I would definitely listen to the first Book again
I thought this book series had a strong story line and character connections seemed to flow well.
I thought it was very different and interesting as to how babies are are just as precious as water in a world that barely has any water.
It made me irritated at times because like most female characters created by female authors seem to always be self destructive/dumb. Which is the same in this book. The main character whom is a female does dumb things after dumb things to get herself deeper into trouble.
Overall I felt the author and narrator did a fantastic job! I do suggest this book to fellow Dystopian fans.
The uniqueness of the futuristic storyline.
Delirium. Very similar writing styles, as well as age based genre equalities.
No. It was slow in parts, and the narrator's voice easily made me sleepy.
The narrator is not great or terrible. She is just ok. She paused sometimes, which led me to believe she was ending a chapter, when really she was still in the middle of sentence. The book was still enjoyable, and her pronunciation was well.
In a world of YA fiction where all dystopian novels are starting to sound alike, this one feels refreshingly different. It isn't just about a girl versus The System: it's about the value of life, the sacredness of family, the perception of beauty, and the awakening of courage. I like that what Leon most values about Gaia is that she does what she knows is right, regardless of the consequences. I can cheer on a character like that.
Leon because his story unfolded gradually.
When Gaia saved a baby via emergency c-section on a dead mother. I found myself cheering on the baby to live!
Life First (the inscription from Gaia's locket)
I noticed the mixed reviews about this narrator, but I enjoyed her performance. My only criticism is that the pace felt unnecessarily slow with some unnatural pauses in sentences, but I appreciated that she wanted to take it easy, giving her listeners a chance to absorb details that could be confusing otherwise. If you like the narration of Kate Simses (Matched), you'll like Carla Mercer-Meyer.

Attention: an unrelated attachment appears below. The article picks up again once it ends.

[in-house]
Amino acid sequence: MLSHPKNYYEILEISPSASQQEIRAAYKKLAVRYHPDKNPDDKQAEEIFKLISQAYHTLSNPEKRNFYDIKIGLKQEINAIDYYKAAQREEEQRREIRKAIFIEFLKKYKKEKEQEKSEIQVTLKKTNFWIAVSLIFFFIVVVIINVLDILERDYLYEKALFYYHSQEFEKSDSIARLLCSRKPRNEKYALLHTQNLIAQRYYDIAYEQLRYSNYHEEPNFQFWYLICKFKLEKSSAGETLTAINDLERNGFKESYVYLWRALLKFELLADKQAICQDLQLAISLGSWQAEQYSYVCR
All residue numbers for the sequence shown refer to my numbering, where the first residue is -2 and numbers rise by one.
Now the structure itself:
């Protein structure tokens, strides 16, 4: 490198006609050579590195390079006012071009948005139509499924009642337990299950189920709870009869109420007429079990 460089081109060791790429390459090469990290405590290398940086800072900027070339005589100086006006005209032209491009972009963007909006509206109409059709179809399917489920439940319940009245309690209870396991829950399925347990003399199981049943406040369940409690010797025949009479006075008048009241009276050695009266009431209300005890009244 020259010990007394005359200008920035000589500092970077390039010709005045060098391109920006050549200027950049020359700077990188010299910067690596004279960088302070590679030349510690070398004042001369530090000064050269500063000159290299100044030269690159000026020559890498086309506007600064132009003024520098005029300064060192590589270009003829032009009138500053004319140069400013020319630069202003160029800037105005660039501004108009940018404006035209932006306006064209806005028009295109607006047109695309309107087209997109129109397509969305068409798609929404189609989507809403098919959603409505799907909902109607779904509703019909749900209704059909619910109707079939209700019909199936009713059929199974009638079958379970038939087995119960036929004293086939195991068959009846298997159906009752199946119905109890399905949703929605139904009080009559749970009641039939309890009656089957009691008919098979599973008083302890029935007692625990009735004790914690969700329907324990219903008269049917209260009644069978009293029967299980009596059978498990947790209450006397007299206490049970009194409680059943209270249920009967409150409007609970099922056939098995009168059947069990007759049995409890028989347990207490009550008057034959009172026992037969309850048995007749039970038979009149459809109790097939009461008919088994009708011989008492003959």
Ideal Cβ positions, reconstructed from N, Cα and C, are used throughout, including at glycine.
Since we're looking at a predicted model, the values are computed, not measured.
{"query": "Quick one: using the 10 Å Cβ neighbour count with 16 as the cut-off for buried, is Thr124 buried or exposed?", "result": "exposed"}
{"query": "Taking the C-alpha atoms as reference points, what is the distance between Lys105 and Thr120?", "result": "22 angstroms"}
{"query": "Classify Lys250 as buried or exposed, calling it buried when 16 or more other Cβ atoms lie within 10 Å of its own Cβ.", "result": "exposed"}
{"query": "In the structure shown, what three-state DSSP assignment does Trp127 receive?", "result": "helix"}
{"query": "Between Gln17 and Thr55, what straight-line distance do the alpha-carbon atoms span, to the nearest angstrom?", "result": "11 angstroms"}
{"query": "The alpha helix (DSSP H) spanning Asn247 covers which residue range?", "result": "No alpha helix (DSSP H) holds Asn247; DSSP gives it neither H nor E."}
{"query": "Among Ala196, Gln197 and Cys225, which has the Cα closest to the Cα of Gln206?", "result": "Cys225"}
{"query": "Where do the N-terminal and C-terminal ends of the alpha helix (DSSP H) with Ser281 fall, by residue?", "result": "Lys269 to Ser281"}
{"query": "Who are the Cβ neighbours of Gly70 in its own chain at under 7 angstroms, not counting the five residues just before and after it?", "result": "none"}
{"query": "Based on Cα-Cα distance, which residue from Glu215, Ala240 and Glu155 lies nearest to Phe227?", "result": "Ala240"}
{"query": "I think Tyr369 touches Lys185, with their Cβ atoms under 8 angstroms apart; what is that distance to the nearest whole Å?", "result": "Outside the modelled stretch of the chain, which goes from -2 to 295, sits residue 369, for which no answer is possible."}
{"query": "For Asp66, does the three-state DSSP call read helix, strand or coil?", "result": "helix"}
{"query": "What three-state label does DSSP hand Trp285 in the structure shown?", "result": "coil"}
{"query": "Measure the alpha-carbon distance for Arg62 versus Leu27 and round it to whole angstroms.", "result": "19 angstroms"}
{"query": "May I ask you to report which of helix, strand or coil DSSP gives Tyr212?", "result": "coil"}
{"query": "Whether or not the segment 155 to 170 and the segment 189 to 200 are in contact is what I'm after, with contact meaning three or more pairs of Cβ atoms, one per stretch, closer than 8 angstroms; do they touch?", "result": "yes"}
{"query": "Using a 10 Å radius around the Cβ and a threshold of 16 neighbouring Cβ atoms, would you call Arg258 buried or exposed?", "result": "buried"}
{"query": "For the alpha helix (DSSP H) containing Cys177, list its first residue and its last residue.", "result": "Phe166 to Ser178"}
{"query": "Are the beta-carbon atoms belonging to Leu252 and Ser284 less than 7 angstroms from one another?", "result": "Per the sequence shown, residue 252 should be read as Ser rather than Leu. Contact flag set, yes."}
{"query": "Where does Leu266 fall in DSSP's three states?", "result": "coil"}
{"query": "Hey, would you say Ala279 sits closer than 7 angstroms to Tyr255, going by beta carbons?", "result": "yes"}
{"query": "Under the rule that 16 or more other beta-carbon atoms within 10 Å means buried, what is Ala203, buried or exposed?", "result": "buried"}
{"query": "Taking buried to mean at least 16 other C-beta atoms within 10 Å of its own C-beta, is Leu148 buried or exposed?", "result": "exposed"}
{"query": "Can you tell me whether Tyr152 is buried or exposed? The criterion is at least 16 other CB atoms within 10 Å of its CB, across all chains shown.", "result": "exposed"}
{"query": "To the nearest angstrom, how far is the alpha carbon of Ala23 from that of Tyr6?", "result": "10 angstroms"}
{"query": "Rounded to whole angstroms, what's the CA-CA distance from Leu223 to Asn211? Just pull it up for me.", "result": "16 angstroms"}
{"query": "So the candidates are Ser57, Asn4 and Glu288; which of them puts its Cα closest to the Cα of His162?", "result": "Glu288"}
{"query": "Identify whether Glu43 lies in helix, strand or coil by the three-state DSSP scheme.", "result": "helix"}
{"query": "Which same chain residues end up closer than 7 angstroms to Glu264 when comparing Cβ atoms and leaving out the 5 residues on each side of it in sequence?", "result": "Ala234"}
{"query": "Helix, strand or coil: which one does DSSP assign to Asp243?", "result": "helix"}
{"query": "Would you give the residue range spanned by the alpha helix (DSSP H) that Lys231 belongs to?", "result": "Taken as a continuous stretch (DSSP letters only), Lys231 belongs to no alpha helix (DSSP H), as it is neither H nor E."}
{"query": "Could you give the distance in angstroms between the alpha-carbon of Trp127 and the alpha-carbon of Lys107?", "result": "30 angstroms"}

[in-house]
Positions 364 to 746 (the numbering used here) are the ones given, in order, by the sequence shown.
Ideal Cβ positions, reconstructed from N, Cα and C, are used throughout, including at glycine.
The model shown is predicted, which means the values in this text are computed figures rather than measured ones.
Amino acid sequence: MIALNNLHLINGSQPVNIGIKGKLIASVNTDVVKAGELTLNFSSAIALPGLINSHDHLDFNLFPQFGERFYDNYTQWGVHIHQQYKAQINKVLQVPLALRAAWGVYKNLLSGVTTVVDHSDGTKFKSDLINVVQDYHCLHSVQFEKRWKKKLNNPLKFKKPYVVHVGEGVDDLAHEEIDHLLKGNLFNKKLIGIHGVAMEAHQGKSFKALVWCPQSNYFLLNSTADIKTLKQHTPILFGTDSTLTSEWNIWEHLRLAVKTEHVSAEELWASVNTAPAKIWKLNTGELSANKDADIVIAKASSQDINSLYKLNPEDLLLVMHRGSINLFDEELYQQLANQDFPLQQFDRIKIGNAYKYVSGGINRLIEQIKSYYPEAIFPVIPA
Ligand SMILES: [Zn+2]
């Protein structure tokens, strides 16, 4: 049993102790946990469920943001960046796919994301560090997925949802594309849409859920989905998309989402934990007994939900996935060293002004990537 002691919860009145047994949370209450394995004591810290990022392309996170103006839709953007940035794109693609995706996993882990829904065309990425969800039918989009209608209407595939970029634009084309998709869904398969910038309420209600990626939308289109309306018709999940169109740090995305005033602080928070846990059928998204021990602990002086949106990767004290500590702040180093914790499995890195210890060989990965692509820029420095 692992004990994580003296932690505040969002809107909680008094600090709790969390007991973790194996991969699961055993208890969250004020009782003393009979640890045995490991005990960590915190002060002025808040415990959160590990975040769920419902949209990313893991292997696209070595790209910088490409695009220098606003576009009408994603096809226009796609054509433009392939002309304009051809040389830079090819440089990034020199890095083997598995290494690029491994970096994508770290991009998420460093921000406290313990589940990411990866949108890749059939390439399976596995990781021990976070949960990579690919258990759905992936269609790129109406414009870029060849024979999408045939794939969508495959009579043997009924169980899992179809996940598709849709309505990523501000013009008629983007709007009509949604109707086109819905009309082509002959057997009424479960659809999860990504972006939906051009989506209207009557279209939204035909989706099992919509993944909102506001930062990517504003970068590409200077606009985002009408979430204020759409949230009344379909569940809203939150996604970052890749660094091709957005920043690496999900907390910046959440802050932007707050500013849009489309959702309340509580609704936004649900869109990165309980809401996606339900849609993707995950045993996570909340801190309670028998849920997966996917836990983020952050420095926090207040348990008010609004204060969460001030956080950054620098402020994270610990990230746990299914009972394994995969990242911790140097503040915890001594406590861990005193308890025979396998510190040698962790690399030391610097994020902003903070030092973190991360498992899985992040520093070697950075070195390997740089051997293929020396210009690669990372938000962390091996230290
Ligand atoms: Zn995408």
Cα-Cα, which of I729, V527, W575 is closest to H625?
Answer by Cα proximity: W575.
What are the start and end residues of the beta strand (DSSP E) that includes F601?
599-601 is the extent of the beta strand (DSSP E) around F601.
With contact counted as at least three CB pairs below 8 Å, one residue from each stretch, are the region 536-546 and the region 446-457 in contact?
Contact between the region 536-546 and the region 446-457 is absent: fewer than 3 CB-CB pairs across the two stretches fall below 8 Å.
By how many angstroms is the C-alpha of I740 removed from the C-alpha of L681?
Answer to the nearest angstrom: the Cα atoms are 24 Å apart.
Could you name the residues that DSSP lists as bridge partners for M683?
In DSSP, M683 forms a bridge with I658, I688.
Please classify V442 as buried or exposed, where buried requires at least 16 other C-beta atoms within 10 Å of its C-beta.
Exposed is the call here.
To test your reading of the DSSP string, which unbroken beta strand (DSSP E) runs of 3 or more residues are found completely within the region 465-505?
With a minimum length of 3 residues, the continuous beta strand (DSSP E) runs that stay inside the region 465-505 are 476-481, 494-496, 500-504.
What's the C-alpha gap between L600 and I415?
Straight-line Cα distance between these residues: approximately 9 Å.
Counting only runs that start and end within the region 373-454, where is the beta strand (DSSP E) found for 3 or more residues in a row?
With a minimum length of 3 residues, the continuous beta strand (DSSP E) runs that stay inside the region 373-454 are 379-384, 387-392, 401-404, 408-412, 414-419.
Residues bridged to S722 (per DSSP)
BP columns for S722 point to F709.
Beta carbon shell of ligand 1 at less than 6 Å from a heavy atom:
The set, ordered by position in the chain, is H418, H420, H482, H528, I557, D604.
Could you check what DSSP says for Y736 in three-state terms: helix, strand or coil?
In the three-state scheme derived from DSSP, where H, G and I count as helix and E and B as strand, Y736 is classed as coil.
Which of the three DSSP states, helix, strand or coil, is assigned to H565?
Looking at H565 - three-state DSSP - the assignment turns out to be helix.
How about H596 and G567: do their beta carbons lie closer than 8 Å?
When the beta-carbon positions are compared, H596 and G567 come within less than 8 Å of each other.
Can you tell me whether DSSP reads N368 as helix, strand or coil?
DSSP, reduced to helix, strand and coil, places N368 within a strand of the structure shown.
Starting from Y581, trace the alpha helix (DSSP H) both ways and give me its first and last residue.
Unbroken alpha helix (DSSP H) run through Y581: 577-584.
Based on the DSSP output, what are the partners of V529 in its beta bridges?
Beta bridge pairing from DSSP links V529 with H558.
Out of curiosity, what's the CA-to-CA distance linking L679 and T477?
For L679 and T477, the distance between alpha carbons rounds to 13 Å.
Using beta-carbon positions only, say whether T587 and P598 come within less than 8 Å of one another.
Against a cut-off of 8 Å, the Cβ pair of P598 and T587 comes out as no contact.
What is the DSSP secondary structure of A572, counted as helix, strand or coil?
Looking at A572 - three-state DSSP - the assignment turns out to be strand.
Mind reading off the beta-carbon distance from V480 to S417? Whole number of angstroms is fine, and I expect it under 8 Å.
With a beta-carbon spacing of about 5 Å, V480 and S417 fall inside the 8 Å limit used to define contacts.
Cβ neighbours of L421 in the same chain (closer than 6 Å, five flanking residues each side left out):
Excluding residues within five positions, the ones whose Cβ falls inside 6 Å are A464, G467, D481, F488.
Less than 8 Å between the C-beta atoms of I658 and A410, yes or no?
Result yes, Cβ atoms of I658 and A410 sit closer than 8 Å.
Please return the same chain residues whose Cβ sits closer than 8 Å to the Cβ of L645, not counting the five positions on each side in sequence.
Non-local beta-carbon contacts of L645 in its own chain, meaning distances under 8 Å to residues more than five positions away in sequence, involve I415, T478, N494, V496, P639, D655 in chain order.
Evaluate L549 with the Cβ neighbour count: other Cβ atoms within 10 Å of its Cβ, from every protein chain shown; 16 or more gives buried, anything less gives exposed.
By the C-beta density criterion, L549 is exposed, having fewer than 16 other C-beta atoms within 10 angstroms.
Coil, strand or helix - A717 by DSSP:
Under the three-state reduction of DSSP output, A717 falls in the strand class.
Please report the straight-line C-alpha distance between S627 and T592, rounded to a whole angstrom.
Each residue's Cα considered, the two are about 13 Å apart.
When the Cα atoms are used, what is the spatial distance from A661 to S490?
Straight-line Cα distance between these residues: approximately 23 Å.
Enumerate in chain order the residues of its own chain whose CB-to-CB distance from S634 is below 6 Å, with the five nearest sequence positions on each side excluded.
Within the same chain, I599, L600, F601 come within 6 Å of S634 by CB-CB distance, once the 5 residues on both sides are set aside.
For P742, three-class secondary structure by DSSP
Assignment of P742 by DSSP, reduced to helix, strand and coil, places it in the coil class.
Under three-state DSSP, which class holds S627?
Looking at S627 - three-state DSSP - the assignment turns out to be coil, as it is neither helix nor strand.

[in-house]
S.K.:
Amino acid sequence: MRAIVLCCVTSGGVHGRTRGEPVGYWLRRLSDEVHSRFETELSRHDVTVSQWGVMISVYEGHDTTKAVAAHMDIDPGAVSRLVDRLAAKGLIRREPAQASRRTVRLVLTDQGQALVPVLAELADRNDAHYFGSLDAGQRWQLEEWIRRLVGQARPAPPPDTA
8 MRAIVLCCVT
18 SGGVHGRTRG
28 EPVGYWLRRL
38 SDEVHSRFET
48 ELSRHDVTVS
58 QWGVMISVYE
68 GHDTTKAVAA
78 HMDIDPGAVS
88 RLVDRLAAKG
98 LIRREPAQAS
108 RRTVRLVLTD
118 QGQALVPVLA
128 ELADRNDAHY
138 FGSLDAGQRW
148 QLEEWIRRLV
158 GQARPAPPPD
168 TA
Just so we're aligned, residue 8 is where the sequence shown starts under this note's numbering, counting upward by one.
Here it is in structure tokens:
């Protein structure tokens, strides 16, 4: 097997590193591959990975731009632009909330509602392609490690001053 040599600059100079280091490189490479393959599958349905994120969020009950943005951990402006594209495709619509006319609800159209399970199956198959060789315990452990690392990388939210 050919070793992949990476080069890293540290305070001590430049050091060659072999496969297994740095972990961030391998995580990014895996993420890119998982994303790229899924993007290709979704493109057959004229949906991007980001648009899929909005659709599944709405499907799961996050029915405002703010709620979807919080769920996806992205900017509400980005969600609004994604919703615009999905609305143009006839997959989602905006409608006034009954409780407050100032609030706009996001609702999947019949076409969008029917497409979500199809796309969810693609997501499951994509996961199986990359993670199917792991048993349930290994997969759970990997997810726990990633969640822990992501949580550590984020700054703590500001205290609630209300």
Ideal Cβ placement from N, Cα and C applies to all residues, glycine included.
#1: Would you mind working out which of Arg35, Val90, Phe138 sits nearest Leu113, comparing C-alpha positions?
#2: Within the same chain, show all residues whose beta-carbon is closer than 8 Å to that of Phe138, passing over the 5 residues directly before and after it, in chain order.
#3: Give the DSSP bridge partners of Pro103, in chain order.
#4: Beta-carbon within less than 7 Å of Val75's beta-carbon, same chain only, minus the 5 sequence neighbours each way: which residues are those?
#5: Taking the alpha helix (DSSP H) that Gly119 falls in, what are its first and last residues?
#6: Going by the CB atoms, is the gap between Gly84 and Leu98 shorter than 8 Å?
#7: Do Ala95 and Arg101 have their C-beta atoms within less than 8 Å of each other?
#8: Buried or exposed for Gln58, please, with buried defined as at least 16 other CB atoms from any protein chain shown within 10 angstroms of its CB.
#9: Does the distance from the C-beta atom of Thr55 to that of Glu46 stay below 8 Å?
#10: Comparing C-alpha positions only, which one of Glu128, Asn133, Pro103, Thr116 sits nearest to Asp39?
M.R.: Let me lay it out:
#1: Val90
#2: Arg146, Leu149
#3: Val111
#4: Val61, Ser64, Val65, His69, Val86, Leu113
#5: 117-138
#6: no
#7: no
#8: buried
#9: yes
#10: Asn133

This book wasn't terrible, but it wasn't enjoyable either. Alas I have stopped listening about two hours in cause I just didn't care about the characters or the story. The narrator had a boring mono tone voice for my taste.
No, the story was boring and I was never involved with any of the characters.
No, I don't like the sound of her voice, and she doesn't do different voices for the different characters. I found myself wondering off in thought instead of listening to her.
The lead needs to grow up. I understand that her entire world has been torn upside down but from the start to the end she really never grows up. Instead she keeps having tantrums.
The voice actor needs more practice, a rich deep male voice reading this book would have been better.
I could see this as a tv series, if the characters were allowed to grow and flesh out more.
It's good to see books placed in Michigan. So many writers seem to forget we exist.